I WAS really saddened to read the report about Lindow Moss in the Guardian last week.

The expert called in to review the area said it had been destroyed as a habitat for wildlife by the continual peat extraction and the tiny water vole which lived there is now virtually extinct on the site.

Lindow Common is also known as Saltersley Common and is a rare raised peat bog.

The Saltersley Common Preservation Society and Cheshire Wildlife Trust have both raised concerns about the amount of peat removed from the site with Cheshire East Council.

The council took over monitoring of the site in 2009 from the old County Council which had given permission for peat extraction at the site, but only if 51 conditions, yes, that’s right, 51 conditions were complied with.

However, Croghan Peat Industries, from Somerset, which purchased the site in the late 1990s, has not met most of them.

How can this be?

Peat mining continues on an industrial scale and not only has this had a devastating effect on wildlife, the area was described by the expert as a wildlife desert.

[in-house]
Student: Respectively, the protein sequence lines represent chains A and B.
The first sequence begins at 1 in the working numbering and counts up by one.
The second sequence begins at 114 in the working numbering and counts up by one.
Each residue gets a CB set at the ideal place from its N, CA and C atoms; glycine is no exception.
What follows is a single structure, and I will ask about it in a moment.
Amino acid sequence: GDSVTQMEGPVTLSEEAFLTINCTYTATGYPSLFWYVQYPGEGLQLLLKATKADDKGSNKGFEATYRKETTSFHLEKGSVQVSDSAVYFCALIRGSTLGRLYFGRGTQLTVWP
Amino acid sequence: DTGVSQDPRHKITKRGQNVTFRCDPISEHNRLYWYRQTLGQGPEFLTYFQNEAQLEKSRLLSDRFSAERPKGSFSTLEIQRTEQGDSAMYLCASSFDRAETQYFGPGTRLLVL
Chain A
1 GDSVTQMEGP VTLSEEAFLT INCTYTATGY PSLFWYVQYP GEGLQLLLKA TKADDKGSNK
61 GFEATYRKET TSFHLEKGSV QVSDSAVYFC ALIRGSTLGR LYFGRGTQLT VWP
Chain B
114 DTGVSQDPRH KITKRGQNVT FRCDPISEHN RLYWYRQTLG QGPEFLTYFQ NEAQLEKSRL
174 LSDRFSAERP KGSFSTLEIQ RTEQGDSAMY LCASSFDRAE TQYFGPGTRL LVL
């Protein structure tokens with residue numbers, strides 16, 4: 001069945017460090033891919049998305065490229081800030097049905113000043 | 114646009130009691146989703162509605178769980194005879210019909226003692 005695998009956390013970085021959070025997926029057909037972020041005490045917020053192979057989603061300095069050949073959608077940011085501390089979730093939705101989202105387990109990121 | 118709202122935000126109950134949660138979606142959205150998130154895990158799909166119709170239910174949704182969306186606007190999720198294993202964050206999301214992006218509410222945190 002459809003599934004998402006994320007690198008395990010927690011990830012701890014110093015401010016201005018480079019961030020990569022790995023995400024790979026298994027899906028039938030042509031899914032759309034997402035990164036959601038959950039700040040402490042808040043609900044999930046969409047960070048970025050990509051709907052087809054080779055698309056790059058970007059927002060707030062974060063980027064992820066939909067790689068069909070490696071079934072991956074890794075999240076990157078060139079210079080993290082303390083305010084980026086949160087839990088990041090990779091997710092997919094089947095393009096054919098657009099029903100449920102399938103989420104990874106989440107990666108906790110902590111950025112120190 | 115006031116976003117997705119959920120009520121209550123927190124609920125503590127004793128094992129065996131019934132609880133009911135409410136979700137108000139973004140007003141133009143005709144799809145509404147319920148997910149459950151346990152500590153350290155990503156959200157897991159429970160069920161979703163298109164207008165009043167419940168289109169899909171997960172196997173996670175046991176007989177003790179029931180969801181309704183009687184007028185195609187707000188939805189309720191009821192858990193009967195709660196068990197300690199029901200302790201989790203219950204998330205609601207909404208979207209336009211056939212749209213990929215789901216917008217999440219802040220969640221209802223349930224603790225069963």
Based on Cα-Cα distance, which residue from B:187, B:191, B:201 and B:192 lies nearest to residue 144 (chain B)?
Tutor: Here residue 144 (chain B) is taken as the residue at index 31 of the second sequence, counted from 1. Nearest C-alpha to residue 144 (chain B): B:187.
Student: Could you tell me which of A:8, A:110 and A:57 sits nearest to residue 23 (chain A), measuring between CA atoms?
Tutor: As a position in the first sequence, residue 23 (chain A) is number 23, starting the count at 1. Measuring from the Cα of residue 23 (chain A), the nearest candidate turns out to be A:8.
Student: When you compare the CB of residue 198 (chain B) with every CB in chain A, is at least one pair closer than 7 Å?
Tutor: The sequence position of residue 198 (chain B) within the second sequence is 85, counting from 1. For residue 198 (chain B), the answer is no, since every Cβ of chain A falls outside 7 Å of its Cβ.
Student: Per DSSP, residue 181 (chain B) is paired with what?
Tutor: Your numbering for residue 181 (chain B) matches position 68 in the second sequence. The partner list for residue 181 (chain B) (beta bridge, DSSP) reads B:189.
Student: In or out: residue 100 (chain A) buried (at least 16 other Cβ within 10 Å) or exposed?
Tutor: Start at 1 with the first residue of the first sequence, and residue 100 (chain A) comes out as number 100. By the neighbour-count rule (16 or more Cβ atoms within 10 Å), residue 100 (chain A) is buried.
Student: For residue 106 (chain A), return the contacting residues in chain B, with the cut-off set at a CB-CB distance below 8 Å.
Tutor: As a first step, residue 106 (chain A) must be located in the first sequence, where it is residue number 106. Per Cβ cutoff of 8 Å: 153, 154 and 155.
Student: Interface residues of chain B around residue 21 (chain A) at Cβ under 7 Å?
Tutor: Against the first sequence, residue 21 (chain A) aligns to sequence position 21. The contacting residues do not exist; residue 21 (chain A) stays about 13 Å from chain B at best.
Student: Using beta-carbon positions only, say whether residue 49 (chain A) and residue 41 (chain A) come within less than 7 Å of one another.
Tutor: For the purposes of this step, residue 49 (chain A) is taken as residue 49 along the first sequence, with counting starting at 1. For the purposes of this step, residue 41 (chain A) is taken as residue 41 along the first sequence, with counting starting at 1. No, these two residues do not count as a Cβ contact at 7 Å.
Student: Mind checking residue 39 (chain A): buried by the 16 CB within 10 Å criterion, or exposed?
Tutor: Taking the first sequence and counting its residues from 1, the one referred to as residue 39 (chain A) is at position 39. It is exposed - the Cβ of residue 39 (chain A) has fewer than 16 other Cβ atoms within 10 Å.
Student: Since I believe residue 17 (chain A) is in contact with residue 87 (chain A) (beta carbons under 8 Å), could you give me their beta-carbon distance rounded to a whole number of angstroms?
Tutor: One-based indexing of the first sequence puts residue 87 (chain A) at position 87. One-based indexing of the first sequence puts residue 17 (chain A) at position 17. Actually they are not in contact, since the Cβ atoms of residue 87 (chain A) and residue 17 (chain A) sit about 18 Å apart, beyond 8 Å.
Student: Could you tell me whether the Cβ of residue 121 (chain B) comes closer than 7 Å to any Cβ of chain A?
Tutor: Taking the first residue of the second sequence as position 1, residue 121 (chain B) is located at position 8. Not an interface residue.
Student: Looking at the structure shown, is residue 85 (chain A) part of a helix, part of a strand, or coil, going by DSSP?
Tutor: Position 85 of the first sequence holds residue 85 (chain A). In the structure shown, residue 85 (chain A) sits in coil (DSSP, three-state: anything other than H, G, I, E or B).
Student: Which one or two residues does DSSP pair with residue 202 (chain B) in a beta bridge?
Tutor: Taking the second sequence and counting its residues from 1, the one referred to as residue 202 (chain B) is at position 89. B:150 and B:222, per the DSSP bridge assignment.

It has also, according to the Wildlife Trust, badly affected the local water table.

We have been told there are planning applications which split the site into two distinct areas.

One parcel of land would see peat extraction halted and a wildlife haven restored; the other plot is for 14 detached homes to be built.

Apparently peat mining would only end if permission is granted to build the new homes.

Cheshire East says it is awaiting further information from the proposed developers about the site and that no date has been set to put the planning applications before councillors.

This just isn’t good enough.

In the meantime this rare natural habitat is being literally destroyed.

It says it is monitoring the site, but it is clearly not doing a very good job of it.

Come on local councillors, it’s time you got more involved to bring this situation to a head. I walk all around this area and it’s jaw dropping when you see the damage that has been inflicted on the Moss.

It looks like a scene after a bomb has dropped. It is very, very sad.

It couldn’t contrast more vividly with what I consider to be the over-management of Lindow Common.

Here rules and regulations control the habitat almost manically.

Incidentally I will be taking up the offer to attend the next meeting of the Common’s working group, so do let me have any questions you would like to put to them.

And let’s put pressure on local councillors to save Lindow Moss...